There was no road to Damascus revelation for Tim, just a lifting of certain burdens when he made his choice. He felt comfortable with Meyer, comfortable with the Gators and that was what he needed.

"I prayed the whole time about it and I just felt comfortable [with Florida] and hopefully that's the place that God wants me," Tim said. "I think it is and that's why I chose it."

The comfort with the University of Florida comes naturally. Bob met Pam at Florida, back in the days when he was impacting lives for Campus Crusade for Christ, holding Sunday evening services that rotated from one frat house to another. Bob and Pam married and became missionaries to The Philippines, the place where Tim, the youngest of five children, was born. Even half a world away, the ties to the University of Florida remained strong.

If you've followed the Tebow saga from beginning until his Tuesday announcement, you know all about the four older siblings who went to Florida and how Tim has been to see the Gators play in The Swamp more times than he can count. Those bonds aren't easily broken.

Another bond not easily broken was the friendship with Fedora, who throughout the ordeal was his confidant and mentor. Long before Urban Meyer became the Florida football coach, Larry Fedora was not only the Florida offensive coordinator but a believer that Tebow is that special kind of talent that comes along only once every so often. Fedora was recruiting Tebow for Coach Ron Zook and the Gators and it was during that time the bond formed between Tim and Fedora.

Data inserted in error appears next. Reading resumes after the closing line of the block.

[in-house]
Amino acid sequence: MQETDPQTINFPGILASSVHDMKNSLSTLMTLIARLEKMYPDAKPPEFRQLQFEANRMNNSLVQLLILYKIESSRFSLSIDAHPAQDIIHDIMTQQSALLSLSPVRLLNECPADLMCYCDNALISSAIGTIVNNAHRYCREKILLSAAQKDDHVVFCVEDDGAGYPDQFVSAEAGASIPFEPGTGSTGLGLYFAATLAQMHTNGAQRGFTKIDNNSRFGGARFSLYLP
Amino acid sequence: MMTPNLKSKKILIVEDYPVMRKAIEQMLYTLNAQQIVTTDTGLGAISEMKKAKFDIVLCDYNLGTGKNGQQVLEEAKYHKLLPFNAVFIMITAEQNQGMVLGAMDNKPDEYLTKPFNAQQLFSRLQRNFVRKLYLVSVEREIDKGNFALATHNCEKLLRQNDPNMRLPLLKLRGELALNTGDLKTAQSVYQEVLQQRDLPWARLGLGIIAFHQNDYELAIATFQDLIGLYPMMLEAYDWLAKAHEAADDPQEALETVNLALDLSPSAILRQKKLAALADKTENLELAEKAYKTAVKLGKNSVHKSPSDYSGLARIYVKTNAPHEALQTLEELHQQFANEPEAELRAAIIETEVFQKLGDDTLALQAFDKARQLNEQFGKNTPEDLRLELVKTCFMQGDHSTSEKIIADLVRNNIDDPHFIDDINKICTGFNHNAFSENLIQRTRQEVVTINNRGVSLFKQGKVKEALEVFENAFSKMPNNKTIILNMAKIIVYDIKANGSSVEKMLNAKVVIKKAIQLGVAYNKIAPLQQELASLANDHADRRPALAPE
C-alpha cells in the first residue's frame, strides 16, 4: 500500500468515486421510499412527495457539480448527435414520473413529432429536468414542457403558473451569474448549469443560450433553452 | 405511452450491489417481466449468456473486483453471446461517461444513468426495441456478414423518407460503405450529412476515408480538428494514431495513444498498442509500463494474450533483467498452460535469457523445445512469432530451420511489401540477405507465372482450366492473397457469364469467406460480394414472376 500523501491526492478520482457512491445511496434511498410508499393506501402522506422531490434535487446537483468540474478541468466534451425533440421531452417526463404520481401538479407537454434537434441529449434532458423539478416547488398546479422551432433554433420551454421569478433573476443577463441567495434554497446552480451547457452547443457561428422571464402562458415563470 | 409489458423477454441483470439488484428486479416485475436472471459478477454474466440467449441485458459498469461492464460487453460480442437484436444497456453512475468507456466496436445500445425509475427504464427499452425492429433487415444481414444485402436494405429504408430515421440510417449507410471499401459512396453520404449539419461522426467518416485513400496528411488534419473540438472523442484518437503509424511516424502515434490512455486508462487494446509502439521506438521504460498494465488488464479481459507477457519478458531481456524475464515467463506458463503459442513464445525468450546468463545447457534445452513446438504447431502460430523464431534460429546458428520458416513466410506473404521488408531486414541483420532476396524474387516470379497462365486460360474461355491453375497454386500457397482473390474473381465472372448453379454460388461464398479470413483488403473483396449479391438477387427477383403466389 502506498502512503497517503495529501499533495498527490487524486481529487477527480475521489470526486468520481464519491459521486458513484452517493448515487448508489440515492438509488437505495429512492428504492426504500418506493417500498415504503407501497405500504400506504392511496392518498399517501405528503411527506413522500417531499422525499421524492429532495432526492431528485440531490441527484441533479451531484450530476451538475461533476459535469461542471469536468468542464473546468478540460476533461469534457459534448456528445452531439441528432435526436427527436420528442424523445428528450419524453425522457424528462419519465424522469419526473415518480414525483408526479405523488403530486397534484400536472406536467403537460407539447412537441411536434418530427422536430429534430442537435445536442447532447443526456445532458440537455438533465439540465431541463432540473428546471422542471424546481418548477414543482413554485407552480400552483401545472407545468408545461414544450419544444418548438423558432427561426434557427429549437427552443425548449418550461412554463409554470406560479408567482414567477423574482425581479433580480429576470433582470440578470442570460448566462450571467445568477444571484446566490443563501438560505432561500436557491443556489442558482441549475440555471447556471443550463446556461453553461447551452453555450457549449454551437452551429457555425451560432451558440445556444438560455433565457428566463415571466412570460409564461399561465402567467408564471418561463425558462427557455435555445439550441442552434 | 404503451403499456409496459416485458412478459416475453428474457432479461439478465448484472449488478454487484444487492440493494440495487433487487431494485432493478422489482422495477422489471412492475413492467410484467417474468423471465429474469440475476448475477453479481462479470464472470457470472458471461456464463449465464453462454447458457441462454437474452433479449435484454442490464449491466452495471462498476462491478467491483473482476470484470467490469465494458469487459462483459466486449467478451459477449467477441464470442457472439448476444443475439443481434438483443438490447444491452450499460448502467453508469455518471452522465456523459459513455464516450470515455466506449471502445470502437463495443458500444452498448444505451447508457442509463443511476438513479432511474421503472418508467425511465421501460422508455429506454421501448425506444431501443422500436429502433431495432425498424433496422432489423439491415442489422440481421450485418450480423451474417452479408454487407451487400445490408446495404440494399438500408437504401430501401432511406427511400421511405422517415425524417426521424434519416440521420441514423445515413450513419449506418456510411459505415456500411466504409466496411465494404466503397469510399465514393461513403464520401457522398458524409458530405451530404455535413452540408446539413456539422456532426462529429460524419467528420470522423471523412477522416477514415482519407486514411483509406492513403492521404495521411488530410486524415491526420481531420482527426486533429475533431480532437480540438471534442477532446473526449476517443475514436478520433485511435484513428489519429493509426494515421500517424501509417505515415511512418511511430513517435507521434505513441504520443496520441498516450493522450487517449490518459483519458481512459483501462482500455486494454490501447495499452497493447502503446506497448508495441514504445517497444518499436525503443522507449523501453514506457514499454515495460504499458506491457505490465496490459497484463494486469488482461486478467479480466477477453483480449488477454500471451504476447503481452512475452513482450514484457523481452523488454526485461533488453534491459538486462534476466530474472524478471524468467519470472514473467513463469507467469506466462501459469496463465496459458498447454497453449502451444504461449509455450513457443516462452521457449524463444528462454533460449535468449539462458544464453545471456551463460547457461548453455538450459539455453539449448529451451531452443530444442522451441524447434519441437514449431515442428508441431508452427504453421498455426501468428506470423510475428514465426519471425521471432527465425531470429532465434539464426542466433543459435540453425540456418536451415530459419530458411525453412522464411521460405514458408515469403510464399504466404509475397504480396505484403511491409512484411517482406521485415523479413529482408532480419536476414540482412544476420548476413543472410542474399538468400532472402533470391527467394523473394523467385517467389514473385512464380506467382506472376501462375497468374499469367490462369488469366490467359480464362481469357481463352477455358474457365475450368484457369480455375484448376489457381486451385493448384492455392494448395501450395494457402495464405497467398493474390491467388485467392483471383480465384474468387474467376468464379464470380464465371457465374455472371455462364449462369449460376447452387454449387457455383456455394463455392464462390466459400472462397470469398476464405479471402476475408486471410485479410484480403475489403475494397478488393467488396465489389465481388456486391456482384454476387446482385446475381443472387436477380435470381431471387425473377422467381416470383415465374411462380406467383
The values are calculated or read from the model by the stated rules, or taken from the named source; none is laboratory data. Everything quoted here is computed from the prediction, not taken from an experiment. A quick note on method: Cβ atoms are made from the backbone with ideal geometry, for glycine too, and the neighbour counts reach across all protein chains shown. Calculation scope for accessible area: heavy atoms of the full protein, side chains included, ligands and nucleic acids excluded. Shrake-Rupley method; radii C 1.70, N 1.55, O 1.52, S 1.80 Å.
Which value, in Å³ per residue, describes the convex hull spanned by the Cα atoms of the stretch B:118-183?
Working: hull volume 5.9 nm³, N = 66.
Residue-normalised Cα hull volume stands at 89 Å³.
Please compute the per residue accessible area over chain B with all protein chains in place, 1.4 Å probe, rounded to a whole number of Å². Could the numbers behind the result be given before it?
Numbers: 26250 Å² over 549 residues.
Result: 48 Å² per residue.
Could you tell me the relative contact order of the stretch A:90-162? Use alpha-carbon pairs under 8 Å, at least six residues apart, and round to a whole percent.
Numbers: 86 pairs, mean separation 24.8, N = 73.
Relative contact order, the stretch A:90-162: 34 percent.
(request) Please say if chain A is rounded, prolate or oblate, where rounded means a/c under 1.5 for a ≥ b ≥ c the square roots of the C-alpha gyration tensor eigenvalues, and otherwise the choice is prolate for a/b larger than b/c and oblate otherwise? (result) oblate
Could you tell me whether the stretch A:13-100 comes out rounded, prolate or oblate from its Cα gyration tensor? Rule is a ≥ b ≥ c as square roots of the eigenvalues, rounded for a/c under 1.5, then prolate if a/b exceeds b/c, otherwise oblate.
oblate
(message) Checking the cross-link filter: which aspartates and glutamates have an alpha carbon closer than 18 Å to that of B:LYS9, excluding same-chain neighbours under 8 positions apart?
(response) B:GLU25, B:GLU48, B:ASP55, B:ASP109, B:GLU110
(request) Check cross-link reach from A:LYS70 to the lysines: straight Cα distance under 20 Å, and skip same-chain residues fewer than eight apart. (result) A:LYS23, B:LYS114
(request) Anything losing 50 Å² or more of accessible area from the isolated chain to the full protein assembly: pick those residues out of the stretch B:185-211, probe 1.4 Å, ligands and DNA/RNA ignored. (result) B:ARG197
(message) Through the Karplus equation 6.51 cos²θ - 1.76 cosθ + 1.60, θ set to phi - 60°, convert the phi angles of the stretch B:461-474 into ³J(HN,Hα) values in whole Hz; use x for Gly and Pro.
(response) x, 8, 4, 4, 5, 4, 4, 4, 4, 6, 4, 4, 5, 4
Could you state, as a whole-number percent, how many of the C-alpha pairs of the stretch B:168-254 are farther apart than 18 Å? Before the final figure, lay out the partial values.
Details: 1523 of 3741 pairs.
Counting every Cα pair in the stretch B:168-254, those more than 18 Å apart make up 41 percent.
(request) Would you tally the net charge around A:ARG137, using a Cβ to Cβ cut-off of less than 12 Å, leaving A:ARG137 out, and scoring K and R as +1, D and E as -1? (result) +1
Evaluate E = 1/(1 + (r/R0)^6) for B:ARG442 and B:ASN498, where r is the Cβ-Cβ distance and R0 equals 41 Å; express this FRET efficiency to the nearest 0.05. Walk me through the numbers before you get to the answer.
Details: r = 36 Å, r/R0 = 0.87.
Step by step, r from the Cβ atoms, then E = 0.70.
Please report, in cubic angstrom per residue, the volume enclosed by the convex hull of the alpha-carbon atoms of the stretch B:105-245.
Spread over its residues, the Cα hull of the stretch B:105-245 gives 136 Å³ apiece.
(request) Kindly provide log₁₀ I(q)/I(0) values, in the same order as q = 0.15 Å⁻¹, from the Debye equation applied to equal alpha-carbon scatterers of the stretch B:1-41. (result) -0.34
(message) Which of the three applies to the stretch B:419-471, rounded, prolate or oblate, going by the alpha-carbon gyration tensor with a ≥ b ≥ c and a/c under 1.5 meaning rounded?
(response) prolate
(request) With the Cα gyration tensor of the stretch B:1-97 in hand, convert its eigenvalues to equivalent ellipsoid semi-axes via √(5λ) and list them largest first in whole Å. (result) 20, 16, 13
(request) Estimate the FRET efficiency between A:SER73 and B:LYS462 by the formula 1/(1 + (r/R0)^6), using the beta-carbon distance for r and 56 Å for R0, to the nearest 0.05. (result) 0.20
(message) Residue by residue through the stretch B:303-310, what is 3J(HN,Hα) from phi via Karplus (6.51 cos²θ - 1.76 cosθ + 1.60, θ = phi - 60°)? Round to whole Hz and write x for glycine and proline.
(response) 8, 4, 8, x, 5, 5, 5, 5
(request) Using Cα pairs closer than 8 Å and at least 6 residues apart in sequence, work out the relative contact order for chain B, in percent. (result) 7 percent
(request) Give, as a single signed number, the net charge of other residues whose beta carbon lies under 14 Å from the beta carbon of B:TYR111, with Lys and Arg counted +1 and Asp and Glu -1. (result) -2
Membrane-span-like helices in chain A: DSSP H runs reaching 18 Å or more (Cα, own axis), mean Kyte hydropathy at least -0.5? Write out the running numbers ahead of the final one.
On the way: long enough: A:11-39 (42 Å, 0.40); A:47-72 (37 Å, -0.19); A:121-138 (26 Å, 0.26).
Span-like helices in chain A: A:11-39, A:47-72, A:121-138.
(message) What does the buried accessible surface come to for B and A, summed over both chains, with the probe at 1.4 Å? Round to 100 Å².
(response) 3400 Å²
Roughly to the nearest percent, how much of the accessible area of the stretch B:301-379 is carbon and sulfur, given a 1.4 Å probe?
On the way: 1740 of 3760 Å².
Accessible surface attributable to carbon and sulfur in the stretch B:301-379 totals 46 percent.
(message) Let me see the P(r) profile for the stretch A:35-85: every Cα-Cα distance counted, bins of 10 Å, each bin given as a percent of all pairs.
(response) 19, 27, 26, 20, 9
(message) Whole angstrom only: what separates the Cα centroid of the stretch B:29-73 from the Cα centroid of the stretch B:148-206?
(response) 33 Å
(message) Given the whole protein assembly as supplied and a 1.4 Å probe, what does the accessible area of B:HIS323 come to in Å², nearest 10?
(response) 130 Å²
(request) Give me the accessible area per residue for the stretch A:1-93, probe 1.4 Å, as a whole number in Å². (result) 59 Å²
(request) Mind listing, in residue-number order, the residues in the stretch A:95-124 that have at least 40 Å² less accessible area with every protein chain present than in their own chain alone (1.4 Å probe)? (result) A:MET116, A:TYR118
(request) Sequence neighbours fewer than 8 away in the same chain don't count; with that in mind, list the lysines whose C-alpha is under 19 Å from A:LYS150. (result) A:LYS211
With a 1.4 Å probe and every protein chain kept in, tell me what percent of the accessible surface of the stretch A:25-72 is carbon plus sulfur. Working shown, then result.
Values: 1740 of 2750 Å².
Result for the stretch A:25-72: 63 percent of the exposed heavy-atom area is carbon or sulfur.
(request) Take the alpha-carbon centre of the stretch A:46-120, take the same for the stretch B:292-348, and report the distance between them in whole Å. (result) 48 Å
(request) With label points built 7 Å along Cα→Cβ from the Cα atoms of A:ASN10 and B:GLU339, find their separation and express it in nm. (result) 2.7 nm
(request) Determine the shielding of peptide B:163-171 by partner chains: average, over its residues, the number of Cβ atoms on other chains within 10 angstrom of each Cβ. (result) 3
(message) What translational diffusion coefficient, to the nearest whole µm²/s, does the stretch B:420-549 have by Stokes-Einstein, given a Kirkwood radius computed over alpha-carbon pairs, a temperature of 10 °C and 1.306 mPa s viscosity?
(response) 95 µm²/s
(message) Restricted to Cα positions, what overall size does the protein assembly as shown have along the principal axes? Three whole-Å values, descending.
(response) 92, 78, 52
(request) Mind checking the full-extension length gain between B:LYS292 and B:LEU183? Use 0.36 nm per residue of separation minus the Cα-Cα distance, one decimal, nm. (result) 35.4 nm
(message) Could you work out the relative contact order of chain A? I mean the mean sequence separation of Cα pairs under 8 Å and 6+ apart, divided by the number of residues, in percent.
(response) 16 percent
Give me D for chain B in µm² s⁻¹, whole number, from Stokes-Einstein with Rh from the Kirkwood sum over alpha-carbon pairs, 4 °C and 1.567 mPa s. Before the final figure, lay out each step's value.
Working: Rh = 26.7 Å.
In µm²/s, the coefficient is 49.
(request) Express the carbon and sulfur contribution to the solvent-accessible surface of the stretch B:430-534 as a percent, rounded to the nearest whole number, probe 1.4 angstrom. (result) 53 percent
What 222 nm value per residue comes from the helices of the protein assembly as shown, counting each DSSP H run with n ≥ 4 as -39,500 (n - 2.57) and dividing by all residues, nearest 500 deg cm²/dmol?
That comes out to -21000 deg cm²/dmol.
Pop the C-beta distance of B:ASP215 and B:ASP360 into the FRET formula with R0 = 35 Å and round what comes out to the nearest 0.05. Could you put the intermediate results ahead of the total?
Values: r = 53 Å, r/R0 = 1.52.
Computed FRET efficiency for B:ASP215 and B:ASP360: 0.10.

Even when Fedora wasn't retained by Meyer for the new staff he formed back in December, the friendship between Tim and Fedora prospered and grew. Even after Fedora landed at Oklahoma State, they talked regularly, spending long hours on the phone each week to talk over the recruiting process. Fedora's advice to Tim was simple: Meyer's your man and Florida's your school.

If the ties to Florida had Tebow teetering on the verge of a decision, it was Fedora's positive input about Florida and the Gator coaching staff that pushed him over the edge and helped him make that call to Urban Meyer to say "I'm a Gator."

Even with his love for Meyer, for the University of Florida and the input from Fedora, the decision still wasn't made easily. Urban Meyer and Mike Shula are both fine men with outstanding families. They stress all the right things --- God, family, character, education, doing the right thing --- so saying no to one or the other would not be an easy thing to do. Shula spent nearly 12 hours at the Tebows' home Monday night in a last ditch effort to sway Tim to Tuscaloosa.

Shula didn't spend the night, but Bob Tebow says, "He can spend the night at my home any time. I love Mike Shula. He's a fine man."

The call to Meyer to tell him the good news that he would be a Gator was made just prior to going on the air live with ESPN. That one was easy.

"Coach Meyer is a great coach, a great man and the kind of coach that I love and respect," said Tim.